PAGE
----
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Hyundai Motor Group is pushing the boundaries of vehicle development and reimagining how vehicles might traverse the world. In a collaboration with product innovation studio Sundberg-Ferar, the team sought to answer the question, “What if cars could walk?” For the development of the concept vehicle Elevate, generative design became a key component for designing a bold, new idea.
Hyundai aims to transform itself into a smart mobility solutions provider. In line with that, Hyundai Motor Group’s New Horizons Studio is developing products for future customers who have a need for travel in remote and off-road terrain, including places where vehicles have never roamed before.
Generative design was a key component for designing Hyundai Elevate. Courtesy of Hyundai Motor Group
The team aims to build the world’s first transformer-class vehicle, also known as the Ultimate Mobility Vehicle (UMV).
A few years ago, Hyundai asked the question, “What if cars could walk?” That bold question has now been answered with the development of an entirely new vehicle idea. It’s called “Elevate,” and it changes your entire perception of what transportation can do. Elevate originated as an idea at Hyundai Center for Robotic-Augmented Design in Living Experiences (CRADLE), another unit at Hyundai Motor Group, and is now the inaugural vehicle concept being developed by the company’s New Horizons Studio.
Elevate is the first Ultimate Mobility Vehicle, blending technology found in electric cars and robots. Elevate has the ability to transform from a four-wheeled vehicle into a four-legged walking machine, which allows it to traverse terrain beyond the limitations of even the most capable off-road vehicle.
“One of the use cases for Elevate is in search and rescue. We wanted to have the ability for the interior seats of the vehicle transform from a seat into a stretcher that can be used by the rescuers to lift and carry a person back into the vehicle,” explains John Suh, vice president, Hyundai Motor Group. “The second objective was to look at what technologies we could use. The seat needed to be lightweight, structurally stiff, and cost-effective on top of that. We used Autodesk’s generative design technology for the internal structures within the frame of the seat itself."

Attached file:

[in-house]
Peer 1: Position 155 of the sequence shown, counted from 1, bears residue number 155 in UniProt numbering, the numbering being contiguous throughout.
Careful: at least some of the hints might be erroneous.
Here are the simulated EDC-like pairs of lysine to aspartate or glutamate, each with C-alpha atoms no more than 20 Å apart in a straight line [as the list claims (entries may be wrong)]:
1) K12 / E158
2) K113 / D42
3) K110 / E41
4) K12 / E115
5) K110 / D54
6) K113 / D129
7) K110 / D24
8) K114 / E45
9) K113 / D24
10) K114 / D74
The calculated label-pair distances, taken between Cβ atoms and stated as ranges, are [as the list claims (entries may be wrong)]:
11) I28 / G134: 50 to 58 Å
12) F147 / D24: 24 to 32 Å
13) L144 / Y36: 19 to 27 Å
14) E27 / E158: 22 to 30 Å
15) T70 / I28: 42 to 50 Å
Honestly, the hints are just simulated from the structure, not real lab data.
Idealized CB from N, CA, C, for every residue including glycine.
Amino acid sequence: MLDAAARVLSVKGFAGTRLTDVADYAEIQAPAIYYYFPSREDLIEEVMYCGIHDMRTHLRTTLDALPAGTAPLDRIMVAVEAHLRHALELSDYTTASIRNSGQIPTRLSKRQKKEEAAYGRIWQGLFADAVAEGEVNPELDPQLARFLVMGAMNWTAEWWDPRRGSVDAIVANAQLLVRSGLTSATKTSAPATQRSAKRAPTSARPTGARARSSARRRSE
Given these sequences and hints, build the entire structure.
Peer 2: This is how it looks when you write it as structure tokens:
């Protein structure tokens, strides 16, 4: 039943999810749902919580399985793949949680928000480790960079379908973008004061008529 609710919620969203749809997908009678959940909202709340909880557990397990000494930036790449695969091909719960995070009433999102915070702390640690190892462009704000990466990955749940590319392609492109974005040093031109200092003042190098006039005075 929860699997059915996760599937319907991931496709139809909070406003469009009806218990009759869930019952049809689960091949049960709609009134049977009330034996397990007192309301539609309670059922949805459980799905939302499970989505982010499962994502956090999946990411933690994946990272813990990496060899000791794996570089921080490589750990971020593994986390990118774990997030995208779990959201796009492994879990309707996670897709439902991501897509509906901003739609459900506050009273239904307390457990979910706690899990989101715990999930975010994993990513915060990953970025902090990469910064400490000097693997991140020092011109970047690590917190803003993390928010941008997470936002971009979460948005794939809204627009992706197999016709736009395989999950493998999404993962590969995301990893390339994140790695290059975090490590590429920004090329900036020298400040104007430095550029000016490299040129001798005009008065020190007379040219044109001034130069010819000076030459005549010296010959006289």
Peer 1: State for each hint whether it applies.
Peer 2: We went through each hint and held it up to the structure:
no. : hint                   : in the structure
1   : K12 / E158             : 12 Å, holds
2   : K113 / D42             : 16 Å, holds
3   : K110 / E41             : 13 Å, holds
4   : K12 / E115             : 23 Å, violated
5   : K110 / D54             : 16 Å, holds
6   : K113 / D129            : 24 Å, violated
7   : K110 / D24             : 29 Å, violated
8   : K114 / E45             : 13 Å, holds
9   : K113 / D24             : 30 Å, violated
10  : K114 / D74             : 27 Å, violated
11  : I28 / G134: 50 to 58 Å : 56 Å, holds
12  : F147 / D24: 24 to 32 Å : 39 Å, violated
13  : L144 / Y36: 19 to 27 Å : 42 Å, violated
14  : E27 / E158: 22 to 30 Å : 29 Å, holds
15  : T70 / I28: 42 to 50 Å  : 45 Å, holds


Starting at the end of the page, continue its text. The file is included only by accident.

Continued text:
“No other vehicle in the world can move into reptilian or mammalian mode and still hold up and drive like a normal vehicle,” says David Byron, manager of design and innovation strategy at Sundberg-Ferar. “We need to create lightweight legs that are strong and robust and can handle the torque of the electric motors we're using. As we've continued to work on the leg designs to try and lightweight the package, we've used some Autodesk generative design practices.”
Suh adds, “Generative design really allows us to tackle complex problems that would take somebody a lot more time than they have to go through different analyses. It’s a mind multiplier, I like to call it, where a single designer or engineer can go through perhaps dozens or hundreds of different design iterations. It allows them to see things that they may not have otherwise considered.”
“With Autodesk, we can explore ideas even further with tools to experiment digitally, put it in a physical format, and iterate rapidly,” he continues. “I'm looking forward to the day that we can turn Elevate from the concept of today, to the experimental prototype of the future, to the product that can be out there in the field helping people.”
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